The wearable gadget industry has morphed tremendously over the last few years, and today it stands at a crossroads. The future of wearable tech seems to want to go in one of two distinct directions. One being a luxury item sold mostly to fancy women who step out of their Mercedes’ and fish for wads of cash in their Gucci handbags, and men with 63 pairs of shoes back home and a bit of money left to spare for some more boy toys. The other being a functional and mainstream accessory, affordable to most people. For now at least, the industry looks to be going in the former direction, but then there are those who are trying to bring technology to everybody. Here’s a roundup of the best wearables of all the different types that we can expect in the near future.

  • Sony’s mysterious new clip on device :

With Google Glass being out of reach for most people who would like to keep their kidneys, the product is now fading into the background. Society already considers it to be elitist and creepy, and what’s more, Google Glass users have their very own nickname, Glassholes. Sony meanwhile, has been working on a device that clips onto glasses or sunglasses to transform them into futuristic Call of Duty style HUDs, and better still, they can be taken off after use, which means you won’t have to walk into the local bar repelling other human life. The device is expected to have a control board and Bluetooth capabilities, and allow projection of high resolution images in all light conditions. It is also expected to be a featherweight in its market, weighing in at a measly 40g, and that’s necessary since we wouldn’t want to accidentally block our nasal passage. The details of this product aren’t yet clearly out, so this could still swing both ways.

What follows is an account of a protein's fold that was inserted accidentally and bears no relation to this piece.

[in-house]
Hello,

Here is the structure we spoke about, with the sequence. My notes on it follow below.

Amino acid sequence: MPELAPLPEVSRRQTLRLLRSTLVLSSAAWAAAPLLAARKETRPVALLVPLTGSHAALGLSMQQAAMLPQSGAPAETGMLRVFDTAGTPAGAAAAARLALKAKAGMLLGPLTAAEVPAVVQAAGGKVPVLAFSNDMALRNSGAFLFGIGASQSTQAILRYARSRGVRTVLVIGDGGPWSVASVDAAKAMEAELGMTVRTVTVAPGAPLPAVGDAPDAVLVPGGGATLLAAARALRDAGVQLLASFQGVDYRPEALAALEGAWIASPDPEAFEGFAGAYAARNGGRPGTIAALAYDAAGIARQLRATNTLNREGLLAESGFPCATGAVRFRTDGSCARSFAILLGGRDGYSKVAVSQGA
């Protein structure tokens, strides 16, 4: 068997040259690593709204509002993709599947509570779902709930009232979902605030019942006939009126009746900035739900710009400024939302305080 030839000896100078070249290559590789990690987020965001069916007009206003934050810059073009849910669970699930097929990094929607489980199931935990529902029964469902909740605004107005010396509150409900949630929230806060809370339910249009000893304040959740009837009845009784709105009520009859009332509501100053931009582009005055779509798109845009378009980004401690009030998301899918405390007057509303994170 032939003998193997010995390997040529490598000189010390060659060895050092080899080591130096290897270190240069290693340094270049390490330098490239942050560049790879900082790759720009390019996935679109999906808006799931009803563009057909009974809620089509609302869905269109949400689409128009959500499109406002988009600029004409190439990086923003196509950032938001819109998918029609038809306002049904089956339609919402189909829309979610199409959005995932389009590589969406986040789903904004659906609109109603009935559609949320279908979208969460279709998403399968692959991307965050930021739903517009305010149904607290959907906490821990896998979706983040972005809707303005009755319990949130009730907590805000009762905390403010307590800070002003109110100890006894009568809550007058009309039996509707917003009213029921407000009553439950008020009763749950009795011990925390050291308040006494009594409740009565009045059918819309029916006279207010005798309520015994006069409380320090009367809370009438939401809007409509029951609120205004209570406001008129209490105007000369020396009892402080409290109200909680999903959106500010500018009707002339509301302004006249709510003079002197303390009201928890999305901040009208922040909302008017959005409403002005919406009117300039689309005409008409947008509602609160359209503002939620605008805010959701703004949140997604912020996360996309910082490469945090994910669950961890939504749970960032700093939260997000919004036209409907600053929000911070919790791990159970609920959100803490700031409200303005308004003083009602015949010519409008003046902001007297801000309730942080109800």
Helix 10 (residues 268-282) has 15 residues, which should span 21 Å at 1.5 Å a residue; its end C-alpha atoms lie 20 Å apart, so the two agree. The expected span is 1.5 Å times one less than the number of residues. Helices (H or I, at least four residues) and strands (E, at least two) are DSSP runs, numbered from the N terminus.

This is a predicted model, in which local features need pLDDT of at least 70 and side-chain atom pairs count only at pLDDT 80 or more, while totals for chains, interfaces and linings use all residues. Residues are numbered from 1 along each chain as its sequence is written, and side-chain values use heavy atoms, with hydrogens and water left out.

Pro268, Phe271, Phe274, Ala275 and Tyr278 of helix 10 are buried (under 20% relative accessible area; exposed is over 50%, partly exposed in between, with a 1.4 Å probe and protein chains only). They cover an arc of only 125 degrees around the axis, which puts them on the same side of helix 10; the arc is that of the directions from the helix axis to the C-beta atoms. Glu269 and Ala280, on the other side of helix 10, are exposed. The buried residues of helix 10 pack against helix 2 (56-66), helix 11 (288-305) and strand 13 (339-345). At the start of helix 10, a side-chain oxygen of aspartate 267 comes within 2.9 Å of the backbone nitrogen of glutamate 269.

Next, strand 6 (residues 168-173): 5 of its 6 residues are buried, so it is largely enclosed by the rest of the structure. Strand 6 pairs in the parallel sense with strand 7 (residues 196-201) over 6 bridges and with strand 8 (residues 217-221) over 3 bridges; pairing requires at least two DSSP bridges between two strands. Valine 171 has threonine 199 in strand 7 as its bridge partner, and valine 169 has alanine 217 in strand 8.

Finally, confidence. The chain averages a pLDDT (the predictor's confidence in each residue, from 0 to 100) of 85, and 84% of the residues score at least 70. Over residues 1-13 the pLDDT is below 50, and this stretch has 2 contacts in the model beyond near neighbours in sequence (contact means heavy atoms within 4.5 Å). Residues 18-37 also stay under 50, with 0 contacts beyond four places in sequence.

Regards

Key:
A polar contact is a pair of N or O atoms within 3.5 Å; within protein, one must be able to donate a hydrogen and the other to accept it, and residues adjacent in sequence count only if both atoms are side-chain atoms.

• Virgin Media’s KipstR :

Most wearables focus on health or accessibility, even fashion, so I’ve got to admit this TV recording wristband makes for a welcome change in the industry. This device senses when you fall asleep watching TV, and begins recording your show. I know it’s a very specialized product that essentially does the same thing your TV remote would, but thinking about all the missed Modern Family episodes, I think this deserves a mention, albeit a really short one. Moving on.


  • Apple Watch

Possibly the most high profile feature on this list, Apple’s upcoming  wearable will make an attempt to fuse technology and fashion into a small package, and sell to customers with a large one, since it is expected to cost around $300. There’s nothing groundbreaking going on here, with basic applications such as music and pictures, along with some health and lifestyle applications. We can expect an elegant and ergonomic build, something that Apple have a reputation for. It also seems to be a great alternative to strapping your iPhone around your arm and looking like a royal douche. What’s more, you can read messages from your phone on your watch, which is good when you’re running, or on a crowded bus or train. One thing’s for sure, the Apple Watch is going to be a mean device, and those with a little bit of fun money will definitely want to have it.


  • Sony SmartBand :

I wouldn’t normally want to bore you with another FitBit in the sea of health and lifestyle wearables, which is why the SmartBand is special. On the surface it looks like just another gadget that you’d buy in early January just after you have drafted your new year’s resolution and vowed to start running, but it’s the little things that make this an excellent FitBit if you choose to go that way. Apart from the usual health and fitness mumbo jumbo, the SmartBand pairs with your phone and lets you control music through the band, although it does not have a screen so you would need to know your playlist well. Also, the band vibrates on recieving notifications, which is a welcome addition. What I like most is that it vibrates if it is too far away from the phone, so you won’t forget your phone in a cab or at a restaurant ever again. These little features make it a better option for those looking for a fitness companion.




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